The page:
Arbor anecdotes

Published September 10, 2007

It was a sunny day and I was walking through the Diag eating an organic granola bar. I saw a squirrel burrowing a few feet away from me and made some clicking noises at it. I lowered my hand to see if it would acknowledge me.

I broke off a little piece of my granola bar, making sure to avoid the chocolate pieces, because chocolate is toxic to some animals.

I squatted down with the granola bar in my outstretched hand, the nugget of food perched about a centimeter away from the tip of my finger so the squirrel could see what I had to offer.

Surprisingly, it stood upright and took a few steps my way, sniffing for a potential snack.

At this point, I usually get scared and back away - or the squirrel does, but it showed no hesitation. As it neared, I noticed it had kind of a crazed look in its eyes.

I should have just set the food down, but I really wanted to see if it would follow through.

The squirrel walked right up to my hand, but instead of sitting and taking the food off my finger with its paws, as I thought it would do for some reason, it opened its mouth and chomped down on my finger.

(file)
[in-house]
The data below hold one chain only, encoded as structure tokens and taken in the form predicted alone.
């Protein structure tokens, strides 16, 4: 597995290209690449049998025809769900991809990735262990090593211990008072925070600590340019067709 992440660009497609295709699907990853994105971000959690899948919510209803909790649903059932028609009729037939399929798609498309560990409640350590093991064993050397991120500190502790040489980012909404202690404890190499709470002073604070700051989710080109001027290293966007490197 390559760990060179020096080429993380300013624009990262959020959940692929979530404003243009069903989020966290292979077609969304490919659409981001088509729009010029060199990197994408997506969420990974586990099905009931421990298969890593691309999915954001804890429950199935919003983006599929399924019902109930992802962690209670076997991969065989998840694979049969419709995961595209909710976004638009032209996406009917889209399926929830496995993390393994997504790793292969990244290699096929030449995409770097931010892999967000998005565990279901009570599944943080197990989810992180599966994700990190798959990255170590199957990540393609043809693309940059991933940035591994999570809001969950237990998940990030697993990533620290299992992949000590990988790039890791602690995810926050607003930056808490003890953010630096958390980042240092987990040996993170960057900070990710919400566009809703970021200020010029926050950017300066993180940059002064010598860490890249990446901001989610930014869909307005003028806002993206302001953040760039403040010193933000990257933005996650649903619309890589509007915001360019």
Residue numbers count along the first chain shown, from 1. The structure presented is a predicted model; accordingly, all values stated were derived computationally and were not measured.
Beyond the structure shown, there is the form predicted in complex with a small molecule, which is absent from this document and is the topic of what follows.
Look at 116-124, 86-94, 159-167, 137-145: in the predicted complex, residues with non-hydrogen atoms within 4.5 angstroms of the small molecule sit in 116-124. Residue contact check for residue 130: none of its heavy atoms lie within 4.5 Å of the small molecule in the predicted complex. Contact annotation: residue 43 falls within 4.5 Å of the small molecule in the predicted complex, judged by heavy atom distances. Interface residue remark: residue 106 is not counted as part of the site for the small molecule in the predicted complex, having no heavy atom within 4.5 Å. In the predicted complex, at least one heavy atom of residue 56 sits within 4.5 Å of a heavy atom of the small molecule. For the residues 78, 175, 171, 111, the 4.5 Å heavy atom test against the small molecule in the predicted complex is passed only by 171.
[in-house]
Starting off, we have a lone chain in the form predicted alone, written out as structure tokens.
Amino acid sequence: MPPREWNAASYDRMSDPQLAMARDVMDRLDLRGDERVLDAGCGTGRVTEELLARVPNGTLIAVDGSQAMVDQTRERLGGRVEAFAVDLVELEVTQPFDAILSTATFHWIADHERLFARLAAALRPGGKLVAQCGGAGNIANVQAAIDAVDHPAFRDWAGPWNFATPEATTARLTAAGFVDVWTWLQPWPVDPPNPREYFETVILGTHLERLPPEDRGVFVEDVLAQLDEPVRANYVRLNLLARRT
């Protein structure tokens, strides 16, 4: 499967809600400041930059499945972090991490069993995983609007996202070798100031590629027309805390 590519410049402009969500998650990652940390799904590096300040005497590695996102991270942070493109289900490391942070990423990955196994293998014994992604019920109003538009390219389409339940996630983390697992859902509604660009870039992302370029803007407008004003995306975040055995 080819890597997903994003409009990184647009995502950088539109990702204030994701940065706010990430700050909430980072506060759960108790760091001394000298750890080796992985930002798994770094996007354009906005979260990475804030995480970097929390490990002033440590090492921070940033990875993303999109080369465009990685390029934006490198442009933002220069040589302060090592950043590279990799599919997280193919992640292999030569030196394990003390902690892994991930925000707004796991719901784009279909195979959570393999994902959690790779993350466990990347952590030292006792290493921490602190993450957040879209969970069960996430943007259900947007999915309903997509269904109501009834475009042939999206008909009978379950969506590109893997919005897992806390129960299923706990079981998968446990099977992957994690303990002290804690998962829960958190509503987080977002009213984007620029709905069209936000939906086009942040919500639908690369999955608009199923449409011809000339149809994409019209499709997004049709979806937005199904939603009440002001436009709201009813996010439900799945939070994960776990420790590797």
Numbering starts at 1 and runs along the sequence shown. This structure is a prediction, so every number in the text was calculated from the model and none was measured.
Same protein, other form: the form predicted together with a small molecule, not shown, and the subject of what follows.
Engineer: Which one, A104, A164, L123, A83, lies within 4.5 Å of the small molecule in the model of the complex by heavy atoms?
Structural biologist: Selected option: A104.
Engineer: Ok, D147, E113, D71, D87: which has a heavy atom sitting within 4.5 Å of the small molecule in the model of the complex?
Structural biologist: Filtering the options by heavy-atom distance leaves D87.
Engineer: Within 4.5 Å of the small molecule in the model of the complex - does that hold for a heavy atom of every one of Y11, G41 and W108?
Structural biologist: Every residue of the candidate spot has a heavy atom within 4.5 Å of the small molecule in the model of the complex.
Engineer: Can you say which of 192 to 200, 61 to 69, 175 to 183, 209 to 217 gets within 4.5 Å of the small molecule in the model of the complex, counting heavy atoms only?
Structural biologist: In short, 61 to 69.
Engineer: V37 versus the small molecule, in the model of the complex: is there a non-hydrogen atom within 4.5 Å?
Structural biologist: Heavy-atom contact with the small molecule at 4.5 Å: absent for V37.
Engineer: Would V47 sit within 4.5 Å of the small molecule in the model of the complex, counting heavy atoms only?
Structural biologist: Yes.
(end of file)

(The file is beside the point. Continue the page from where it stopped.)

And it had really sharp teeth.

I stood up, but the squirrel continued to pursue me. I hurried away from it and examined my finger. It wasn't bleeding, but the skin was broken and had turned purple.
I wondered if I should get a shot, because the crazed little thing probably had rabies, but I wasn't bleeding, so I figured I was OK.

I don't hold it against the squirrel; it wasn't being vicious or anything. But next time I see a hungry squirrel, I'll keep my distance.

ARIKIA MILLIKAN

Panic in the street

A bit after midnight last Wednesday, the power went out in my house.

As I was about to embark on a hunt through the house to find out which of my housemates had decided to employ one too many hair appliances and blow a fuse, I heard shouts from outside.

We were not suffering alone.

A chorus of infuriated shouts rang out on Church Street. The whole block was out, and the whole block was angry.

About 20 minutes later - during which it seemed like a Michigan State-flavored riot or perhaps the apocalypse might soon be approaching - the omnipotent DTE turned power back on.

I could resume watching Zoolander at last.

LISA HAIDOSTIAN